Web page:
History major and Summersell Center for the Study of the South student Isabella Garrison of Raleigh, North Carolina, took first place in the College of Arts & Sciences’ Summit for Undergraduate Research, Scholarship and Creative Activity (URSCA) poster competition for her presentation on “The Cartography of Southern Queerness.” URSCA allows undergraduate students the opportunity to highlight their research and creativity at UA.
Garrison uncovered a deeper understanding of the emergence of the queer movement at the University of Alabama, specifically how queer students created safe spaces in an unwelcoming environment. Working with Dr. John Giggie, Director of the Summersell Center, Garrison and her classmates from “Invisible Histories” dug deeply into manuscript collections at W. S. Hoole Special Collections at UA. Her class was the first to have access to the Miller-Stephens Collection, which documents queer life on campus.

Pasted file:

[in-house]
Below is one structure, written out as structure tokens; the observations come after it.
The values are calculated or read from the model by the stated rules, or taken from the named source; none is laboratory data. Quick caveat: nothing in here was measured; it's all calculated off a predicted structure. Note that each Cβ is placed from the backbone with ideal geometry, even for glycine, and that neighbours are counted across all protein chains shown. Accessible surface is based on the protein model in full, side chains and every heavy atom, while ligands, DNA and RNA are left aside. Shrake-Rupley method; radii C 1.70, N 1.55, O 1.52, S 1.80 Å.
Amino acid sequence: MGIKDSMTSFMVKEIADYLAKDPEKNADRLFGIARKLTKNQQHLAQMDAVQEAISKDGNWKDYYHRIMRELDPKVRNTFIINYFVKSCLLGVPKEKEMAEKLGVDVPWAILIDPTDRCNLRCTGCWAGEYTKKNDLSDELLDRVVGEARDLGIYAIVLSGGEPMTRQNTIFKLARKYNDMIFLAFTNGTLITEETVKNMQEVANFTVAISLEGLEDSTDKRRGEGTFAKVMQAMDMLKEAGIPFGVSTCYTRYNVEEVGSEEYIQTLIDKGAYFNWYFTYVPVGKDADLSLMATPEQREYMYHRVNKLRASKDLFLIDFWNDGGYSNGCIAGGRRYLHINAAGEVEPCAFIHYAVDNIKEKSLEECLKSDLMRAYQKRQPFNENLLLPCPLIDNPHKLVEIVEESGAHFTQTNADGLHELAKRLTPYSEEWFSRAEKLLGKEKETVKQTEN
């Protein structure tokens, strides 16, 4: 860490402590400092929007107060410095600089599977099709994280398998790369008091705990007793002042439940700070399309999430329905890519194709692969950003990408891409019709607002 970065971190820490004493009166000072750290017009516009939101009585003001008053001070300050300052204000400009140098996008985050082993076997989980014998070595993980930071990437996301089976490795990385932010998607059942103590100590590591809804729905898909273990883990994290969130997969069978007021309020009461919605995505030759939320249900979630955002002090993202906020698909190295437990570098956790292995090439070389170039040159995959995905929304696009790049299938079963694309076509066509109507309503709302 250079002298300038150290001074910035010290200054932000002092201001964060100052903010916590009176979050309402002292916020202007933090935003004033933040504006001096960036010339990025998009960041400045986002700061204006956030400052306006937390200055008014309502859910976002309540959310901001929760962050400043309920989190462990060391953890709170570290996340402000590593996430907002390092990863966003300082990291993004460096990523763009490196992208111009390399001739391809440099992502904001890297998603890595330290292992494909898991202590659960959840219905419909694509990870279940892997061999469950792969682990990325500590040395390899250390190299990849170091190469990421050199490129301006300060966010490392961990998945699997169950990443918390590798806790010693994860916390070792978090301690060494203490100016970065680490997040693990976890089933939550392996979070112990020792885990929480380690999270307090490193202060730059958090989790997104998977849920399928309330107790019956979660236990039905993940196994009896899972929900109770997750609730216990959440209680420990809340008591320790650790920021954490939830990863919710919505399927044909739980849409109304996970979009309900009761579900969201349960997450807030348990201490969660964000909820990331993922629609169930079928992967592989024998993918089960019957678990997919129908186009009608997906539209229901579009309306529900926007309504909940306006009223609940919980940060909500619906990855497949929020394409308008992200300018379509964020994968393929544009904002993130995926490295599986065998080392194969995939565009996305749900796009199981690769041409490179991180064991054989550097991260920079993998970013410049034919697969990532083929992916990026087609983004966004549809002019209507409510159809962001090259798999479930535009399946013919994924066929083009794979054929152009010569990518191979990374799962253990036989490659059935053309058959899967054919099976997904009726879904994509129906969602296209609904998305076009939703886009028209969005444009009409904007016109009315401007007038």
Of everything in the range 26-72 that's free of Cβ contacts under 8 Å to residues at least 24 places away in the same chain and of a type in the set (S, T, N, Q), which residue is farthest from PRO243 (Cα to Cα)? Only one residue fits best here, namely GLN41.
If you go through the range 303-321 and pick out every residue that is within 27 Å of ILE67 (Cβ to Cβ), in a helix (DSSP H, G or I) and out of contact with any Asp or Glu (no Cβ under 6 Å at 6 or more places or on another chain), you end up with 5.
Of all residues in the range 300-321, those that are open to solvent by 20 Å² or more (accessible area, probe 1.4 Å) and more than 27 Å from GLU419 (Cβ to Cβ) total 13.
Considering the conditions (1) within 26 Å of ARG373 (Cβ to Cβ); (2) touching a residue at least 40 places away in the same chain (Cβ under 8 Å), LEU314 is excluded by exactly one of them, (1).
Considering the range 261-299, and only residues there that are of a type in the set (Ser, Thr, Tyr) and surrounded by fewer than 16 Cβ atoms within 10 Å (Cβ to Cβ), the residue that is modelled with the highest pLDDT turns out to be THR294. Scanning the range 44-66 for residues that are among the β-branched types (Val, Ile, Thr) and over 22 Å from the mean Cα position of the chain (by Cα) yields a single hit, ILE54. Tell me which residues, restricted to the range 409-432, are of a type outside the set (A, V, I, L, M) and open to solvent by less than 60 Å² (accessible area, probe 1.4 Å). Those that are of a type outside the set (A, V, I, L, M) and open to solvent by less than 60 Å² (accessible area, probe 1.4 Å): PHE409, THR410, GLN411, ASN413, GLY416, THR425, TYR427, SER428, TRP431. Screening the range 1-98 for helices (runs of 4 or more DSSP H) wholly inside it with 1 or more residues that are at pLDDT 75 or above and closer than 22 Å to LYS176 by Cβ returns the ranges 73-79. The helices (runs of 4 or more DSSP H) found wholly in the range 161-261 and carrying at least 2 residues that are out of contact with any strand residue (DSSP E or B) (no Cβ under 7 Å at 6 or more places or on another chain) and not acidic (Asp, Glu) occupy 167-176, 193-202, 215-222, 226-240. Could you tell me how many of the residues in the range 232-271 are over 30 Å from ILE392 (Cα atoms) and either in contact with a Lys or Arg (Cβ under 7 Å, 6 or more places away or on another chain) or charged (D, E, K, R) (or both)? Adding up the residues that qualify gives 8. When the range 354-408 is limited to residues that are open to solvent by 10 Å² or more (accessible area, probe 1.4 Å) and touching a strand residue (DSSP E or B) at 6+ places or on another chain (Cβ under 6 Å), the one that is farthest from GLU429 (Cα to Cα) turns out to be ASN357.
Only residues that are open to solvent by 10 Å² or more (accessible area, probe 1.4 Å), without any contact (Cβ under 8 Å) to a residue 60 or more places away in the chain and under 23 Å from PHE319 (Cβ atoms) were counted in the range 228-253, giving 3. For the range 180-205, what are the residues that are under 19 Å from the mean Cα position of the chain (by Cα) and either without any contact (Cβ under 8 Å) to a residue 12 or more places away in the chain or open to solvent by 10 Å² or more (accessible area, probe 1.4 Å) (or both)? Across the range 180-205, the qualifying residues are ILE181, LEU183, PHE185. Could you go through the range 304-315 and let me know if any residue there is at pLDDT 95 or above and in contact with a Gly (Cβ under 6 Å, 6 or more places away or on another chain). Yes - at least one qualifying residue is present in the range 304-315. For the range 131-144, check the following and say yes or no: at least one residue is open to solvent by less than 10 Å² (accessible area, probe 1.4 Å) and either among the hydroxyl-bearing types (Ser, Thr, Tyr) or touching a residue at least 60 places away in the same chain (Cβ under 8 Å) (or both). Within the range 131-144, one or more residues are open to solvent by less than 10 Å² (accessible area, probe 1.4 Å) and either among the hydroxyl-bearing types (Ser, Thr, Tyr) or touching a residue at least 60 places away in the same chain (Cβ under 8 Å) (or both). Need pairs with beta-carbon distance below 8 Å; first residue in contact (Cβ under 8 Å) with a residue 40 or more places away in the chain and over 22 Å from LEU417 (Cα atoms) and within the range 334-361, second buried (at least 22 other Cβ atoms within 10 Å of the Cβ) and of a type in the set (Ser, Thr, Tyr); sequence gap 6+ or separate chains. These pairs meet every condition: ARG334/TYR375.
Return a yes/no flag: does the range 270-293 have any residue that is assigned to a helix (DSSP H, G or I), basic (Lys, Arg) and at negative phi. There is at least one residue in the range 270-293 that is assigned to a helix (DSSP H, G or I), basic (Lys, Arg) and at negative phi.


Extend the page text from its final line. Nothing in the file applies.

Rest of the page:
During her research, Garrison noted three cryptic hand-drawn maps guiding queer students to parties off-campus. She analyzed the maps and illuminated how the coded directions revealed queer student desires for friendship balanced against their fear of rebuke by the general student population. “Generally, I think the research reflects a larger reality of southern queerness, one defined by circulation and not congregation,” said Garrison. “To be queer in the South is to travel, physically and intellectually, to find safe community.” Congratulations, Isabella!